Apple Testing an ARM (A5) Powered MacBook Air?

Discussion in ' News Discussion' started by MacRumors, May 27, 2011.

  1. macrumors bot


    Apr 12, 2001


    Mac Otakara claims that Apple is presently testing an A5 powered MacBook Air.
    The A5 processor is an ARM-based processor that Apple uses in the iPad 2. Mac Otakara is uncertain what operating system this experimental machine was running. They also add that Quanta Computer manufactured this test-drive machine.

    This news comes weeks after another rumor claiming that Apple is planning on transitioning from Intel to ARM-based processors on their laptops in the not too distant future. Most people had dismissed that rumor due to the compatibility issues that would be introduced with such a transition. Another major issue is that while ARM processors are more power efficient, they presently offer significantly lower performance than their Intel counterparts.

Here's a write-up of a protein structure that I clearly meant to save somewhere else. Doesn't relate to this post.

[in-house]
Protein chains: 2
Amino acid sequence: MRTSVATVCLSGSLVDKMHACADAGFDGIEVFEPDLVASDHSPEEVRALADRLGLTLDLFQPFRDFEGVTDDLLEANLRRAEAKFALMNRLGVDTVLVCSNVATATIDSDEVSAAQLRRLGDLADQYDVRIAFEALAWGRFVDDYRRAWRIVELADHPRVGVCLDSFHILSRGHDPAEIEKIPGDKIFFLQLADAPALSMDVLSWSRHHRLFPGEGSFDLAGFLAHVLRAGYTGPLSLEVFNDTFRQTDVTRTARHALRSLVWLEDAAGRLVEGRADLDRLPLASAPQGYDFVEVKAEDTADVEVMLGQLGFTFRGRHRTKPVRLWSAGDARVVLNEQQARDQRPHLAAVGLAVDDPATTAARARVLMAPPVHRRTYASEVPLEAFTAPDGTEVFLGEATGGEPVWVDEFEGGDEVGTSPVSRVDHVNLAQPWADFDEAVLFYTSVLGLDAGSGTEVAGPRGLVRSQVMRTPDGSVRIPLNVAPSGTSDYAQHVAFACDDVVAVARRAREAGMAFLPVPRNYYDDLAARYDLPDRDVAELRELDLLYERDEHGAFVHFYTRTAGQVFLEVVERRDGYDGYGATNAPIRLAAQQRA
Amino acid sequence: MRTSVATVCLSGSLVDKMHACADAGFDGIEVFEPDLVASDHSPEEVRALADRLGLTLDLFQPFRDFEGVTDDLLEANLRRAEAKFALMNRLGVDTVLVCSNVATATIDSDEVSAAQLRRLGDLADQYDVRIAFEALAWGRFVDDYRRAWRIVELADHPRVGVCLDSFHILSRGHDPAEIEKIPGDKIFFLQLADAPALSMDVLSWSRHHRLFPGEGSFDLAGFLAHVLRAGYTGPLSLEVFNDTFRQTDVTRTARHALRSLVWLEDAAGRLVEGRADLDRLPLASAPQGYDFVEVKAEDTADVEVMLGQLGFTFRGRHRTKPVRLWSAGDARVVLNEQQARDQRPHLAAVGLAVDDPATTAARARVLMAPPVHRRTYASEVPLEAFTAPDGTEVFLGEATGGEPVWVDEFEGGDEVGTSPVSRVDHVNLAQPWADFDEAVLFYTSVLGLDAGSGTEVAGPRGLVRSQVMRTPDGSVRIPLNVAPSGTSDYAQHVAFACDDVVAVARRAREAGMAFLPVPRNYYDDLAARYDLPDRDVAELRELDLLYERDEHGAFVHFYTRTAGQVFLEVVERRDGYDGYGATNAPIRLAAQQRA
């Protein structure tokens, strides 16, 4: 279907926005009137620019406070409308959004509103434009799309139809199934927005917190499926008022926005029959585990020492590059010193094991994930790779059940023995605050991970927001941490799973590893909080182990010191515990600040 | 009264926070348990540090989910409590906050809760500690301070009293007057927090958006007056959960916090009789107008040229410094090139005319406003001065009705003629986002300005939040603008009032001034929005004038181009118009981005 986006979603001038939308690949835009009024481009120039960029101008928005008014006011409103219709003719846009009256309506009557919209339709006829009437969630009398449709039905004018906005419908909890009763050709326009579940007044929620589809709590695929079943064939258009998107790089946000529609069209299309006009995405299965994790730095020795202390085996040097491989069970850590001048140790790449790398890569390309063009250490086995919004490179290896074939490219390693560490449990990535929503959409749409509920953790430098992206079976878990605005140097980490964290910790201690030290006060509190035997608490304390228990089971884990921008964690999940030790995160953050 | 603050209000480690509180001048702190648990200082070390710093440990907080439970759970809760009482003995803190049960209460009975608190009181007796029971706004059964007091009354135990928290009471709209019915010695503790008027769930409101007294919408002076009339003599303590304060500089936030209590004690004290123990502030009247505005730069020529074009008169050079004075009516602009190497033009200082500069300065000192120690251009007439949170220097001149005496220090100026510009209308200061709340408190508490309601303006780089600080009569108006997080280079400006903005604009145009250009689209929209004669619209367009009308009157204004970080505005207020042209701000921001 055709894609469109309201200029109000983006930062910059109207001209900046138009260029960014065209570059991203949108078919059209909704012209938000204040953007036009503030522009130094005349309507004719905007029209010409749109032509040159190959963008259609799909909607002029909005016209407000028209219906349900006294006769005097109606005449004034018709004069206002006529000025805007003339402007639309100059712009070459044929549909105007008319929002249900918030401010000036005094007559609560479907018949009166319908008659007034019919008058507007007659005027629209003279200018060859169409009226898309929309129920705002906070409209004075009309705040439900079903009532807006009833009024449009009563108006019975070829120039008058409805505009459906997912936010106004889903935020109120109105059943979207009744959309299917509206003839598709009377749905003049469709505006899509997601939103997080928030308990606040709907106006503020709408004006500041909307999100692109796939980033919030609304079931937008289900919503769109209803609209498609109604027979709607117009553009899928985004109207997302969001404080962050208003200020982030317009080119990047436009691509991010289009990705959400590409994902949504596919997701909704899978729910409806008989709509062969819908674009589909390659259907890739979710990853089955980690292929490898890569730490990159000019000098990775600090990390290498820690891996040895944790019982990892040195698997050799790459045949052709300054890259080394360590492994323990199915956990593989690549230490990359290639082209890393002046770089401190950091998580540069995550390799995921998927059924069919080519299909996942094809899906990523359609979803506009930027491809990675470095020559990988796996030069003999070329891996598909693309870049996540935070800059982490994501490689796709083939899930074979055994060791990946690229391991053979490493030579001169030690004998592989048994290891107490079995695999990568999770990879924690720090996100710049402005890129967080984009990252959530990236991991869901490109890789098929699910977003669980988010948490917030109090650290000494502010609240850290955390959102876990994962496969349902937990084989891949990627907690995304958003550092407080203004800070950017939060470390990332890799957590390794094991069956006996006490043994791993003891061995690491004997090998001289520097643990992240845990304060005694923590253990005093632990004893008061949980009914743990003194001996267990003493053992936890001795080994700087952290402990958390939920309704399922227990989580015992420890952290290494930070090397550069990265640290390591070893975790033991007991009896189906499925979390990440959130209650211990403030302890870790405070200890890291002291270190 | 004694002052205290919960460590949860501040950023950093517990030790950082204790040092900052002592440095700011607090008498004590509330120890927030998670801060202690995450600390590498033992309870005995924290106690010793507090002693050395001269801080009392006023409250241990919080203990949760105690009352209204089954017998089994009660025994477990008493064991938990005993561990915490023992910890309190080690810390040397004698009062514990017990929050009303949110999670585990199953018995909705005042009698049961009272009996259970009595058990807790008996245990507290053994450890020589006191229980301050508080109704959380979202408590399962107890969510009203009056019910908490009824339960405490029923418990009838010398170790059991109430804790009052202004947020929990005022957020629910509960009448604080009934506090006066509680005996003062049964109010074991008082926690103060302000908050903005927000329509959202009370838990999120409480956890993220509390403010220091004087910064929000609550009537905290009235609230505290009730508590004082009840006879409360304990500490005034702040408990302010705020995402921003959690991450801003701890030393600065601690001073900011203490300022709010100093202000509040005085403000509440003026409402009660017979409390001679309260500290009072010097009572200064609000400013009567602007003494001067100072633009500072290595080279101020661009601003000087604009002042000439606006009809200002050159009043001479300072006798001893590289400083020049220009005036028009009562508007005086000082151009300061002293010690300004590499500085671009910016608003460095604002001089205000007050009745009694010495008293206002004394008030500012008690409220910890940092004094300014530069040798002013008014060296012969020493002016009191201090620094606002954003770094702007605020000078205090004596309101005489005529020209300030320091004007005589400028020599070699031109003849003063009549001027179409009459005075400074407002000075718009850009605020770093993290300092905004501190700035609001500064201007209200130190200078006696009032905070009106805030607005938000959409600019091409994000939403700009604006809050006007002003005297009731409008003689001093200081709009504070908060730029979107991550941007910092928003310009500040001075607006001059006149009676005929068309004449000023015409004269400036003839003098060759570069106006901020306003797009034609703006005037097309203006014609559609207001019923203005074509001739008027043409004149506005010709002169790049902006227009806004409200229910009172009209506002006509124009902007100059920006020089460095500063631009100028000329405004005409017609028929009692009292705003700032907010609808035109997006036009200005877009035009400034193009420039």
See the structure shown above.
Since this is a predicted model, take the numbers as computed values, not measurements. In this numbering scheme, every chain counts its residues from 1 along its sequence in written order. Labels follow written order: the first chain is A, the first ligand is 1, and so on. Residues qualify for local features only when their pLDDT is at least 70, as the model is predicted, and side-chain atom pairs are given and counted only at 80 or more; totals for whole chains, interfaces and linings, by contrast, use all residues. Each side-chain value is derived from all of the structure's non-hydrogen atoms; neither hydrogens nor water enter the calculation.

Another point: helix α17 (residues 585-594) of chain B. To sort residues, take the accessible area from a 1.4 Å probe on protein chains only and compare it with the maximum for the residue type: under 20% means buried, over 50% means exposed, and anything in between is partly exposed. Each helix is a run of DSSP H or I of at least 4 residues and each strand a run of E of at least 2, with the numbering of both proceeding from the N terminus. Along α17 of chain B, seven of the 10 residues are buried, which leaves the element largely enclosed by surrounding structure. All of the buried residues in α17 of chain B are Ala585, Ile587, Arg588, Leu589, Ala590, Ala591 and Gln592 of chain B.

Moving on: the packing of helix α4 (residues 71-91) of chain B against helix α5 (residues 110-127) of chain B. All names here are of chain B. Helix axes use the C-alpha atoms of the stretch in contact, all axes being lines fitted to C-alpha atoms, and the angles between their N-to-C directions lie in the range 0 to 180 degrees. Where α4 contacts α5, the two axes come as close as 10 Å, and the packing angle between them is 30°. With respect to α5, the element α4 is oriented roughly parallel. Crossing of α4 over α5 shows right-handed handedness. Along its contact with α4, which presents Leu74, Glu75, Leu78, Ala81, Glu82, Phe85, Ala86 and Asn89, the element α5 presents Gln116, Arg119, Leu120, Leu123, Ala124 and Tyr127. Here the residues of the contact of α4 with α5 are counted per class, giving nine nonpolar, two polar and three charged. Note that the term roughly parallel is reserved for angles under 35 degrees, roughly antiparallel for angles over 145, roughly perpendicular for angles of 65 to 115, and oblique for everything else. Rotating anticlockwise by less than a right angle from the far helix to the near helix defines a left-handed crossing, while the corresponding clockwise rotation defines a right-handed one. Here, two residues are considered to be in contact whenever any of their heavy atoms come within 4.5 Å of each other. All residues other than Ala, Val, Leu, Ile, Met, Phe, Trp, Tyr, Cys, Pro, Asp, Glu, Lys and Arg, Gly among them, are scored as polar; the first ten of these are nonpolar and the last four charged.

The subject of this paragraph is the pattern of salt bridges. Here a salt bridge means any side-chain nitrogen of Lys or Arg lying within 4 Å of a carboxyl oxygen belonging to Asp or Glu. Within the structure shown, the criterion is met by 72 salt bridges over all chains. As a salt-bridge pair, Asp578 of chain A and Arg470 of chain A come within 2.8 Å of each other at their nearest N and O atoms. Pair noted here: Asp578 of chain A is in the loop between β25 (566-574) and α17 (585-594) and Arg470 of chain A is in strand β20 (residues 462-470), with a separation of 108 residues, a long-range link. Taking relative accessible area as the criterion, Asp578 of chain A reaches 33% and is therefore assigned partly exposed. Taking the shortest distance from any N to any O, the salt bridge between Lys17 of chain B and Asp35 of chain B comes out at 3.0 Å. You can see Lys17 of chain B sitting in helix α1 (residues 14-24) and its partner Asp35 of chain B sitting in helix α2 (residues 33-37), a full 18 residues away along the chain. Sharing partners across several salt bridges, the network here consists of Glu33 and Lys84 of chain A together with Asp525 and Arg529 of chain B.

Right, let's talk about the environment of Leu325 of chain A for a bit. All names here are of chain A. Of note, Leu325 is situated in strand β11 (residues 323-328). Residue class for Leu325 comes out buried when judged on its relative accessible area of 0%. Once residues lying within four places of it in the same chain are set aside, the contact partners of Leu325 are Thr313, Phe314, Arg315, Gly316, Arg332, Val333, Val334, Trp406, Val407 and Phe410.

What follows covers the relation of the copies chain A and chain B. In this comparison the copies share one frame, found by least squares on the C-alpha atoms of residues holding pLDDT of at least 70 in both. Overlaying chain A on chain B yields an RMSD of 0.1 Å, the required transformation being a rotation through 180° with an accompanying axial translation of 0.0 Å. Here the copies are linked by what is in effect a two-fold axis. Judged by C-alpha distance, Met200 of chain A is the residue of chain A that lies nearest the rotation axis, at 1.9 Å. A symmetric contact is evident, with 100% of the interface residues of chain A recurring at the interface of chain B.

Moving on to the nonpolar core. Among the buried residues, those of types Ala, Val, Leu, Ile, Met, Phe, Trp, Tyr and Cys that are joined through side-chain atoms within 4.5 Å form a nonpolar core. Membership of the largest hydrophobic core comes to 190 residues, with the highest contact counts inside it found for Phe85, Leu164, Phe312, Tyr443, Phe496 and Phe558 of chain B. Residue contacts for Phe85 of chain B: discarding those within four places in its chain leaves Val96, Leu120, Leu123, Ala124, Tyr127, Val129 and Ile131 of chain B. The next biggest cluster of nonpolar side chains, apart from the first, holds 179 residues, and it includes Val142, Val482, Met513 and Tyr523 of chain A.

The Japanese blog has had some accurate information in the past, being the first to describe some of the new physical characteristics of the iPad 2. It is certainly plausible that Apple might be testing such combinations in their labs, though its unclear if/when Apple might actually decide to introduce such a machine.

    Article Link: Apple Testing an ARM (A5) Powered MacBook Air?
  2. macrumors 68020


    Jul 21, 2004
  3. macrumors newbie


    Nov 17, 2009
    What about non Apple software on ARM cpu? would it need rosetta 2.0 ?
  4. macrumors 6502


    May 16, 2003
    sounds shady...but if you could choose between intel (for power users) and A5 (for non power users)?
  5. macrumors 6502


    Apr 23, 2011